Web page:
The final round Battle-weary Braves, Dodgers set for last stand

October 04, 1991|By Mark Whicker | Mark Whicker,Orange County Register

Cease-fire day on the National League West battlefield.

Time to shelve the numbers, keep the bats packed. The scoreboards were silent yesterday, the TVs dark. Time to check the scars on all the faces of the Dodgers and Braves, as they inhale one last time.

Baseball has not seen such a pennant race in 13 years. Not since the Yankees and Red Sox carried it one game beyond the limit, and Mike Torrez threw a ball and Bucky Dent hit it, and both men were redefined forever.

The Dodgers and Braves have been just as unrelenting. Since Aug. 6, the Dodgers have won 32 and lost 21. Their fallen pitcher, Orel Hershiser, has stood again. Their rich new star, Darryl Strawberry, has been Reggie Jackson. Their last-minute reliever, Roger McDowell, has gotten almost every out required.

The Dodgers have kept everyone's faith. But they have not lost the Braves. Today they are tied, with three games left, Dodgers games in the gloom of Candlestick Park, Braves games in the new, disbelieving noise of Atlanta-Fulton County Stadium, sold out for the weekend.

Next week the runners-up will be forgotten spectators. No more games to play. A broken routine, and something far more fearsome than pain -- emptiness.

Now is the time to check the game faces, to snap them in black-and-white, in sharp relief.

* Mike Morgan, clear-eyed and brooding, a 222-pound king of the Dodger Versa-Climber. Scarred from his first major-league start, a week after he graduated from high school, Morgan has never had a major-league season before this. He has been The Player To Be Named later twice; he was left unprotected when the Yankees plotted their 40-man roster in 1982. Today he is the Dodgers' best pitcher. He has not lost since Aug. 29.

* Greg Olson, crew-cut and weary, a catcher who sweated seven years in the airless closets of Lynchburg and Jackson and Norfolk. He was in the Mets' system all that time, yet Gary Carter barely knew him. Olson joined the Braves last year and magically landed on the All-Star team. Unimpressed, the Braves bought free-agent catcher Mike Heath in the offseason. Angered, Olson began this year 15-for-30 with Braves in scoring position. In September, he caught all but one inning, at the desperate request of the young Atlanta pitchers. "You don't get hurt in a pennant race," he says numbly.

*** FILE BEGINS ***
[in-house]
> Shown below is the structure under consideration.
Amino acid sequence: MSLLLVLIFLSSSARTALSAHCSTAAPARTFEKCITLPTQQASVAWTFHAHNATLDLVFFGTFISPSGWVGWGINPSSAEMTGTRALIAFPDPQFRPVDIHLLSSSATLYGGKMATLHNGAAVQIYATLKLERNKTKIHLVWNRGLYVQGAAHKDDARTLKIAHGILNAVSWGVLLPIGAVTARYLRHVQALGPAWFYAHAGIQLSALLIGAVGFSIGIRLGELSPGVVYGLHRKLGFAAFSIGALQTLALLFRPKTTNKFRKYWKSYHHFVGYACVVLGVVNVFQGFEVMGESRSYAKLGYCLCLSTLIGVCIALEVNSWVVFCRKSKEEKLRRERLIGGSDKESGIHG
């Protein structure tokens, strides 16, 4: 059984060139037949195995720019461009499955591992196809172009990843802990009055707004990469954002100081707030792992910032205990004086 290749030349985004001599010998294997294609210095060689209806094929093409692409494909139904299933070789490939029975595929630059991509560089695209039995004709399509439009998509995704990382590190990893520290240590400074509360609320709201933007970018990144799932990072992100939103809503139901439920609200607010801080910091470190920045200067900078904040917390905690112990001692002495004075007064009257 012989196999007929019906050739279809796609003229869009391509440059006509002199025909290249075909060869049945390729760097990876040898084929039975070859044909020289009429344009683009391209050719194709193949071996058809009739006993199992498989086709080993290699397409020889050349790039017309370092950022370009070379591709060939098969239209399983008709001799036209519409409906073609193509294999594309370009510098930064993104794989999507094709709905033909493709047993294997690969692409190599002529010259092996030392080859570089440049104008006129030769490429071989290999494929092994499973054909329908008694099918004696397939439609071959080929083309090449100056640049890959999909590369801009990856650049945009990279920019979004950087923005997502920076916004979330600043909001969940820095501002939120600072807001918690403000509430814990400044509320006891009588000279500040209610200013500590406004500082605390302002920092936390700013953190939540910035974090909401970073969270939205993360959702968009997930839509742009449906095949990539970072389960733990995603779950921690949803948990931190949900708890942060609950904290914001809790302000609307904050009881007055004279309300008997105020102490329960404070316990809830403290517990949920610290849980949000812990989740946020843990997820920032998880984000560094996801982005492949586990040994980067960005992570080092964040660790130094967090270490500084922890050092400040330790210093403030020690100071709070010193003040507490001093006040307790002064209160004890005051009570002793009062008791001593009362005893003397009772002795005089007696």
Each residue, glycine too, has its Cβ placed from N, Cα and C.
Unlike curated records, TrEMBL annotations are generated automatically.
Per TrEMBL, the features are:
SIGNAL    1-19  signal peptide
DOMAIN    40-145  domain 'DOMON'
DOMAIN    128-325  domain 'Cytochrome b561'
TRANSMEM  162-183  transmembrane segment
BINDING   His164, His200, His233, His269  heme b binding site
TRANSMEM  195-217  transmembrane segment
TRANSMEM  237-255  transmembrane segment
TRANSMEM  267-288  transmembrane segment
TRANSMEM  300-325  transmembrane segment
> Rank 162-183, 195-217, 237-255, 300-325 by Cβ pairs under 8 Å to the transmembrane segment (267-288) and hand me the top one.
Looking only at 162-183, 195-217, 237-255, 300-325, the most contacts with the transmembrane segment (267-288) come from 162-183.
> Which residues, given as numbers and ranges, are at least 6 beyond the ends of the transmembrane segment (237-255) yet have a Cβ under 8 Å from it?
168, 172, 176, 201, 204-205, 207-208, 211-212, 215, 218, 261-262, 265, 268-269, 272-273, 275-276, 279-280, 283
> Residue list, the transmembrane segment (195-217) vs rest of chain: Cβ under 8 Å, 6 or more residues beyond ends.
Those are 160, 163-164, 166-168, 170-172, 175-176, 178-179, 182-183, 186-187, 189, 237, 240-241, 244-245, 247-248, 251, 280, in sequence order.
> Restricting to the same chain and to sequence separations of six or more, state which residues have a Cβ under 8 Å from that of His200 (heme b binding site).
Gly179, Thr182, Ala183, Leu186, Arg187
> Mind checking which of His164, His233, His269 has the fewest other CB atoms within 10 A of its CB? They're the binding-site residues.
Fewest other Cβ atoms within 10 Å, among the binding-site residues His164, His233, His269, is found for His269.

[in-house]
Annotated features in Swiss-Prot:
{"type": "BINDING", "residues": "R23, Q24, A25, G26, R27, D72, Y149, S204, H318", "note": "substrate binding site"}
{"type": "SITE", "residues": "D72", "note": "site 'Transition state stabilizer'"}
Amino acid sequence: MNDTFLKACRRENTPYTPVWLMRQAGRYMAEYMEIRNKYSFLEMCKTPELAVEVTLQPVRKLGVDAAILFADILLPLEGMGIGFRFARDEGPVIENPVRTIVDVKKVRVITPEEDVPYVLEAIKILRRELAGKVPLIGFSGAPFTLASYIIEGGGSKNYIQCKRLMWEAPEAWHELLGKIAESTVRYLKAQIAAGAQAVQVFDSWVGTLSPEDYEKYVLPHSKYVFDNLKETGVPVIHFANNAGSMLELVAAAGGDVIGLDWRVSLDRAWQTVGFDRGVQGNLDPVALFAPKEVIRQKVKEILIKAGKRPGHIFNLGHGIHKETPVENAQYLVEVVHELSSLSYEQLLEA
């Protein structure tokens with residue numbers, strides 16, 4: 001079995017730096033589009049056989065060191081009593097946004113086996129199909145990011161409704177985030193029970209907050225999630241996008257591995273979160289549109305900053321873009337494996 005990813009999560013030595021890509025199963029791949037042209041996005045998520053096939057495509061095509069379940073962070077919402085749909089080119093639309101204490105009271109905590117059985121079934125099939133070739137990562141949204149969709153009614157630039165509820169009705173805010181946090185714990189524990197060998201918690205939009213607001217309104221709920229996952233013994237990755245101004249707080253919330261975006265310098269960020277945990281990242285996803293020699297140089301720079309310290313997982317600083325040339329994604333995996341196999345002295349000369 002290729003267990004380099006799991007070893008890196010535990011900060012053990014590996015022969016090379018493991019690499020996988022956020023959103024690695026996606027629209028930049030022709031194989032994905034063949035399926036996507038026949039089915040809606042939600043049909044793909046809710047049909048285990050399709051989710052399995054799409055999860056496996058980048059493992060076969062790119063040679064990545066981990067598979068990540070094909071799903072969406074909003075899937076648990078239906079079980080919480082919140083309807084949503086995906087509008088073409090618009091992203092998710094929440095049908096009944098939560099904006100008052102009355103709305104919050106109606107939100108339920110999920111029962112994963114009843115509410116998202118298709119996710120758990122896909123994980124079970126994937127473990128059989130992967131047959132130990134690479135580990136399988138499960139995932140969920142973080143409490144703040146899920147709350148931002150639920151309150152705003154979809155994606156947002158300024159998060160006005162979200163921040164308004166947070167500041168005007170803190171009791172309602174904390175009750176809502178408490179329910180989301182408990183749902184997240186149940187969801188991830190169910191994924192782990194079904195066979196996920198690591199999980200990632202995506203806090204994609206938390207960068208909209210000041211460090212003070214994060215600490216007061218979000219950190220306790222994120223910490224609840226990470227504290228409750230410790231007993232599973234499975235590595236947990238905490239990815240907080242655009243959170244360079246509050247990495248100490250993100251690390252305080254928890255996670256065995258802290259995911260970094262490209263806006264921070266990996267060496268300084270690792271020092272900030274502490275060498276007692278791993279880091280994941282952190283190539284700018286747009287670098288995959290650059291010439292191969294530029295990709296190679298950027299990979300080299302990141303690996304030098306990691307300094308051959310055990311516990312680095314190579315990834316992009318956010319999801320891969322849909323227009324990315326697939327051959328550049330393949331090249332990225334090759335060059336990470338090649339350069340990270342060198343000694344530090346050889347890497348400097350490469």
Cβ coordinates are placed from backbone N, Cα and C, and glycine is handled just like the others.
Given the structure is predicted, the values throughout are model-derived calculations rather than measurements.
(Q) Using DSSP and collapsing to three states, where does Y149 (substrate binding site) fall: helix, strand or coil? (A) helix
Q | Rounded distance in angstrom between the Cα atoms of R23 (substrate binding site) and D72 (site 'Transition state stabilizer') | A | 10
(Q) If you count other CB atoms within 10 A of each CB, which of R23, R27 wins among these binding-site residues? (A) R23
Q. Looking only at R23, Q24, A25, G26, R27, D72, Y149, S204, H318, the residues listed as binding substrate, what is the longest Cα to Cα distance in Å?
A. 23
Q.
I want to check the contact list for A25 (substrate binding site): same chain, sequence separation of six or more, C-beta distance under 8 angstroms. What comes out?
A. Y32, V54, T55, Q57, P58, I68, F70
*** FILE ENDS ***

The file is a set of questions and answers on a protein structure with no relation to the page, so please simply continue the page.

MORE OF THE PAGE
* Mike Sharperson, businesslike and religious, sobered by years of neglect in the Toronto organization. Three times, he was the MVP of his minor-league club. He watched Tony Fernandez and Manny Lee and Nelson Liriano whiz past him, in the car-pool lane, to the big club. For four years he has scratched for playing time with the Dodgers. "All our scouts said that the more you see Sharpie, the better you like him," Dodgers general manager Fred Claire said. Sharperson has pelted September with big hits, including Sunday's broken-barrel single that set the winning stage for Strawberry.

* Deion Sanders, sassy and bejeweled, asking out of the NFL for the two weeks it would take to win it for the Braves. Just before David Justice's epic homer off Cincinnati's Rob Dibble on Tuesday, Sanders stole second and the Braves' dugout rioted happily. The Braves like Deion. He always hits the cutoff man, and he hits fastballs. In his last pre-Falcon game, he homered to help beat Pittsburgh, and took a curtain call. Tuesday, he bear-hugged his teammates when the great comeback was complete. For a rundown team, Sanders is a B-12 shot.

* Darryl Strawberry, 29 and sure-footed. You scoffed at his newfound faith, and you snickered when he was marooned in slumps and injury. "Did he forget how to hit?" Tom Lasorda finally sputtered. But Strawberry had the big homer when the Mets won Game 7 in 1986, and he is nightly news these days. He also hits lefthanders. "I'd rather face them now," he says. "I stay back and concentrate on my fundamentals better." For Strawberry to stand on the brink of 100 RBIs is incredible. No National Leaguer has been more valuable.

Both clubs have taken hits. Otis Nixon went down with drugs. The Dodgers were no-hit for nine innings on July 26 and won, absorbed a perfect game two days later.

There are two aspects of sports that cannot be duplicated: a championship prize fight, and a pennant race. A pennant race is more precious because the blood is subdural, and the drama more diffuse. The Dodgers and Braves begin the 15th round tonight, three time zones apart. They would fight the 16th face-to-face, Monday night in L.A. Beyond that there are no promises.

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